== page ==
Lars von Trier has wrapped up his surreal hospital series The Kingdom (or Riget). The first season was aired in Denmark in 1994, becoming a cult programme in the vein of Twin Peaks. The latest, The Kingdom Exodus (now streaming on MUBI) comes twenty-five-years after the season two finale. In this Q&A, the ever-eccentric and elusive Lars von Trier explains how he completed his trilogy and what he plans on doing next. 

The Kingdom Exodus Trailer

What made you want to come back to The Kingdom?

LvT: I was in a state, a mental state, kind of a depression. And the only way to get out of that I know is to do something. And then I looked back on all my trilogies that are only two films. And I felt that The Kingdom was the easiest one [to complete], which it turned out not to be. It took four years.

How did it feel to get back behind the camera after making 2018’s The House That Jack Built?

LvT: I didn’t know that I was having symptoms from this Parkinson’s disease that I unfortunately found. So it was not so pleasant. I feel I let the project down a little bit. But I did what I could.

So was it physically quite a struggle? 

LvT: Yeah, sure. And mentally also, because I didn’t know what disease it was, and it was a little complicated to find out.

When you first made The Kingdom, you were inspired partly by Belphegor, Phantom of the Louvre. Do you remember what sort of impact that made on you when you were young?

LvT: Yeah, enormous. I hadn’t seen any television series at that time. And I thought a lot about [it] before I started The Kingdom, because the idea to have a film that takes place in the Louvre was good, because there were so many worlds inside the building, and I tried to find something similar. And it ended up at a hospital.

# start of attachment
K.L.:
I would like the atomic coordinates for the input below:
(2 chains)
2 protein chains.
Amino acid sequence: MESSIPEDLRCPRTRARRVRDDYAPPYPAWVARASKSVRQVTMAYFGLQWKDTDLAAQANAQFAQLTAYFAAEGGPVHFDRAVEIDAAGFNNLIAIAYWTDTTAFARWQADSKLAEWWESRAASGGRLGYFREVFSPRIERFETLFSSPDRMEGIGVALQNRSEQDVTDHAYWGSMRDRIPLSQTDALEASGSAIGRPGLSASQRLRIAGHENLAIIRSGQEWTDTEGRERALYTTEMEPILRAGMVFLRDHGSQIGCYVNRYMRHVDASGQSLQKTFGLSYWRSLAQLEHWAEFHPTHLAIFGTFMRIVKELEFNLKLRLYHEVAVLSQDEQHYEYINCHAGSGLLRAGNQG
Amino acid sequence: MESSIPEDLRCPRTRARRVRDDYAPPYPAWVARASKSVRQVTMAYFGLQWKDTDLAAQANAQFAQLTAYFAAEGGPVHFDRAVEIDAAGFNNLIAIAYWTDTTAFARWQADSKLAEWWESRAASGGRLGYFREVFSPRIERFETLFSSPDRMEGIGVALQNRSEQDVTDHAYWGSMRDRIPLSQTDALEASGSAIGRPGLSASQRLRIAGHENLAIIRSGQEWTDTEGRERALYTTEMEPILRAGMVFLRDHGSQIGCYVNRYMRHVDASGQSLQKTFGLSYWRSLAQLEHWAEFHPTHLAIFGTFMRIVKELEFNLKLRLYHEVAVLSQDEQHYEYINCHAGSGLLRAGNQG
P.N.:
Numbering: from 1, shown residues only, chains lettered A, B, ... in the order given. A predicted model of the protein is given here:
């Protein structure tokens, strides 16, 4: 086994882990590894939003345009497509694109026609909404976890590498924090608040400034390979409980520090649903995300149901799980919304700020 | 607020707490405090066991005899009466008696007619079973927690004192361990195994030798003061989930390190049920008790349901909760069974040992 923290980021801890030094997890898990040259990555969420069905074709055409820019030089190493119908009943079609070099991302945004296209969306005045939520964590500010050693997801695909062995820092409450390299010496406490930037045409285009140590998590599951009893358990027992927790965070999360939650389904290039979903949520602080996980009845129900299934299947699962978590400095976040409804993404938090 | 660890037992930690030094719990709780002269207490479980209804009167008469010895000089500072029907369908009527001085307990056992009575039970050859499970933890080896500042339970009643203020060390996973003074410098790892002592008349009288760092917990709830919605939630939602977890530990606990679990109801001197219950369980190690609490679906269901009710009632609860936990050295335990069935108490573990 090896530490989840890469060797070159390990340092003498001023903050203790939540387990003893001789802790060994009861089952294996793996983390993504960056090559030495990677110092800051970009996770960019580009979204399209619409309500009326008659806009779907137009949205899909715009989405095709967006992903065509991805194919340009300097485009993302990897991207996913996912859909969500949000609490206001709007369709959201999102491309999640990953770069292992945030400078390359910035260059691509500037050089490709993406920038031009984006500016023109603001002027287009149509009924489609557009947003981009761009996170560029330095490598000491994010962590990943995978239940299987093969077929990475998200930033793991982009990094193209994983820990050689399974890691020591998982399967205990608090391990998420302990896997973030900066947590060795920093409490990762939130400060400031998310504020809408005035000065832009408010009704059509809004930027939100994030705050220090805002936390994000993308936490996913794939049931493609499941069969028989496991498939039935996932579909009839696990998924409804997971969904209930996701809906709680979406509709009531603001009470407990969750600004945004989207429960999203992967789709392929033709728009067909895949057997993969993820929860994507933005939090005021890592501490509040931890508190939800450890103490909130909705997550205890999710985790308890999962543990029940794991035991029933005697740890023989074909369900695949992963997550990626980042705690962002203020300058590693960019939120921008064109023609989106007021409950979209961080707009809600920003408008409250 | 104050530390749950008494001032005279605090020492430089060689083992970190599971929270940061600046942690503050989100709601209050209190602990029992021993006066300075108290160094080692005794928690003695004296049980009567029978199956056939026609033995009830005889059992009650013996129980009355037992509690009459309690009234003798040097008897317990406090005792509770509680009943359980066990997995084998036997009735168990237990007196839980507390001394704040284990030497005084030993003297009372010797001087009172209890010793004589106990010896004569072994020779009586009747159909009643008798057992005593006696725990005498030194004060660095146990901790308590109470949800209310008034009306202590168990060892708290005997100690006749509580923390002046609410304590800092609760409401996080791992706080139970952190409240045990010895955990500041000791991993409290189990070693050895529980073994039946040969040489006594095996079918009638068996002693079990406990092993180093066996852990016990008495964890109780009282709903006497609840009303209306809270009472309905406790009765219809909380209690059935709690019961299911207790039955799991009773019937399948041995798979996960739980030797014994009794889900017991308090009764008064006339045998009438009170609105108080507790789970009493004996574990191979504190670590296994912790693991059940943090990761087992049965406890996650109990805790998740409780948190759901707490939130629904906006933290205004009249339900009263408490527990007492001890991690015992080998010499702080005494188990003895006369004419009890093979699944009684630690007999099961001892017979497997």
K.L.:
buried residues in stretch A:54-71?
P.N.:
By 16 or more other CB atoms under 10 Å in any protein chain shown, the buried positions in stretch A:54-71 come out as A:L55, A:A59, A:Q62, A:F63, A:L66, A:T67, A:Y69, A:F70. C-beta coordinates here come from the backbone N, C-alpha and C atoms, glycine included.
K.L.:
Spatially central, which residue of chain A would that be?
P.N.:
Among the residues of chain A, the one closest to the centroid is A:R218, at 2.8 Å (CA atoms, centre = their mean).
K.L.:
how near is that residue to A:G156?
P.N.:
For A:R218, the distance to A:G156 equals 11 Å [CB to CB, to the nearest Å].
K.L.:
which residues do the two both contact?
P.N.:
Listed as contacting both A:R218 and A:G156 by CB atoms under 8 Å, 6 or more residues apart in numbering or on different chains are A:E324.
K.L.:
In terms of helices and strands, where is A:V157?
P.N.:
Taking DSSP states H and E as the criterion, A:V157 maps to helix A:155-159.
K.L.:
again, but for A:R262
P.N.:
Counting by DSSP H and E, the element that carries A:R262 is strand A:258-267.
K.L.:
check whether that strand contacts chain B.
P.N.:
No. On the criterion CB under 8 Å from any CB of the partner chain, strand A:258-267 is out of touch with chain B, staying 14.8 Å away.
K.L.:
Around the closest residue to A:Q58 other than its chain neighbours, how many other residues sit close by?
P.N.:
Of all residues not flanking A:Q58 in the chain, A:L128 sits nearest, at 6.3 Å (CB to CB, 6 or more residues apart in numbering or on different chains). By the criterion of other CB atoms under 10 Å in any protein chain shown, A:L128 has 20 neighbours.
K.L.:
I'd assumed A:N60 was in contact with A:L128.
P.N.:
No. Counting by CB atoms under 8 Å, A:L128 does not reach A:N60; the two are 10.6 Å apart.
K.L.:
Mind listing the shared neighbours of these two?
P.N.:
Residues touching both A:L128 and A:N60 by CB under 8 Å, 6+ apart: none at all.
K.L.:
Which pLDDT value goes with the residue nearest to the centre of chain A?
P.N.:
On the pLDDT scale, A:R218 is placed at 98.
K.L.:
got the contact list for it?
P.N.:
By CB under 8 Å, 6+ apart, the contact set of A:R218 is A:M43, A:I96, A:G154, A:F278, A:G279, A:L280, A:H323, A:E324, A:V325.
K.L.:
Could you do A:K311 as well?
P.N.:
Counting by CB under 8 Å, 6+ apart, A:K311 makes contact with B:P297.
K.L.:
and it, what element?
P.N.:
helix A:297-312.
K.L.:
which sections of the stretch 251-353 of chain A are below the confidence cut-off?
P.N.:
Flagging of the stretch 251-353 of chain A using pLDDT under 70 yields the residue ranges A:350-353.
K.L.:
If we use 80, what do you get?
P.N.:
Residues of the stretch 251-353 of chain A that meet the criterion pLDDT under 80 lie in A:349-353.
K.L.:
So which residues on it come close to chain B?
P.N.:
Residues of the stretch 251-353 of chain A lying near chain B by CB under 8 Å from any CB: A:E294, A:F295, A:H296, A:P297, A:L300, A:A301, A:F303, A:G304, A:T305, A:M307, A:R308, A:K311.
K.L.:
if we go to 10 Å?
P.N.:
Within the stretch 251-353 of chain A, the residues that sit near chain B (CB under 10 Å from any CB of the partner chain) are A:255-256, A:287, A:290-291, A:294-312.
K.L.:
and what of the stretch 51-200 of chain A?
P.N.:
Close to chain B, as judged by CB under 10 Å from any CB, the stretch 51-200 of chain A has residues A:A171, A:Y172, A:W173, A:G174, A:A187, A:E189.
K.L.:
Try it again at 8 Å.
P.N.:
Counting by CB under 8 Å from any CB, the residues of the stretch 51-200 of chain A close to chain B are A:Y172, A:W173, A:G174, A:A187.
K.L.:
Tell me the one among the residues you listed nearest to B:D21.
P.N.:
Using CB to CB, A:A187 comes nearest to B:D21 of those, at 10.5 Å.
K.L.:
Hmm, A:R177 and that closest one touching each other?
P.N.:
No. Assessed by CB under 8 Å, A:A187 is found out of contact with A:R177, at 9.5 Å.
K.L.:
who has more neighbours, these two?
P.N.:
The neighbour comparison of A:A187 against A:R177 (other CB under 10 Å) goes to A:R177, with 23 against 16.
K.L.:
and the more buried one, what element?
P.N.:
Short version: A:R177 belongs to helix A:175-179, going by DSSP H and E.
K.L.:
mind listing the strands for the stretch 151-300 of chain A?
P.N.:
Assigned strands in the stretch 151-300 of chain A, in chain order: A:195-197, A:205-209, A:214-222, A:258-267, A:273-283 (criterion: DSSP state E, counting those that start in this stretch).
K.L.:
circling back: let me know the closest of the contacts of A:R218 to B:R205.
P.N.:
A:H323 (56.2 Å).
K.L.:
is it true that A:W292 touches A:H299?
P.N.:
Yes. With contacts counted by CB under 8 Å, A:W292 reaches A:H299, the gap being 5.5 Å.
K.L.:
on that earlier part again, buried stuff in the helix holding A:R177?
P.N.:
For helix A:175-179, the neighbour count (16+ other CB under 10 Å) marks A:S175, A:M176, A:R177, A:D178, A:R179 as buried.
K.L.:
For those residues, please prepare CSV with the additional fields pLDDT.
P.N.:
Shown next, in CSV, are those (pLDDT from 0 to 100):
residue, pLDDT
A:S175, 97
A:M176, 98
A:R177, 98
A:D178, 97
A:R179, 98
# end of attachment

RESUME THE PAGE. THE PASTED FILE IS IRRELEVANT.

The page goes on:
So you didn’t think of just doing a strict remake of that series?

LvT: No, I wouldn’t be able to. I was very small when I saw it. But it was fascinating.

So what gave you the idea of originally setting it in a hospital? Does it come from a fear of such institutions from when you were young?

LvT: Well, yes, I’m quite sure. But I was talking on the phone to the producer and the producer said to me “You have to come up with a title.” And then I looked out the window and there lay the Kingdom hospital. And I said “It’s gonna be The Kingdom. Didn’t I tell you?” 

Lars Von Trier behind the scenes of The Kingdom Exodus
Lars Von Trier behind the scenes of The Kingdom Exodus

Do you feel this new season is very different to the earlier seasons? 

LvT: I would say that we focus more on humour than horror. Also because the script was quite long and we had a time issue. So horror is something that you need time to develop. Whereas humour is something you can present in a much shorter scene.

When it comes to horror, we see an eyeball removed from its socket. What led to this?

LvT: Well, the nerve is not as long as we showed it. But it’s like this. And I heard a story, because I know some doctors, about a little girl that kept losing sight in one of her eyes. And then they found out that she took her eye out every day. So it was kind of self-harm. And I didn’t think it would be possible…but it is.

This season is certainly more meta. What led to that?

LvT: All these years had gone by. So the only way I could find out to make a new start was to say that Karen in the film watches the old episodes on TV. 

What do you think Karen’s journey is through this season? How would you describe it?

LvT: Confused! Like the audience. 

Do you enjoy confusing the audience a little bit? 

LvT: Oh of course. 

That’s fun? 

LvT: Yes.                                                                                                                                      

You’ve worked with Bodil Jørgensen, of course, on The Idiots. Had you always wanted to reunite with her on something?

LvT: She is a terrific actor. And I know her well. And then I got to know Mikael also some years ago. And we both had some alcohol issues. And he helped me and I helped him. So it was obvious that I should write a part for him. At that time, I knew him privately. So it was writing for him, not about him.

Did you enjoy having a professional relationship as well with him?

LvT: Yeah. If you look away from the fact that I was ill, I think what I enjoyed the most was to work with the actors.

Did it feel like a really strong community around you, of these actors?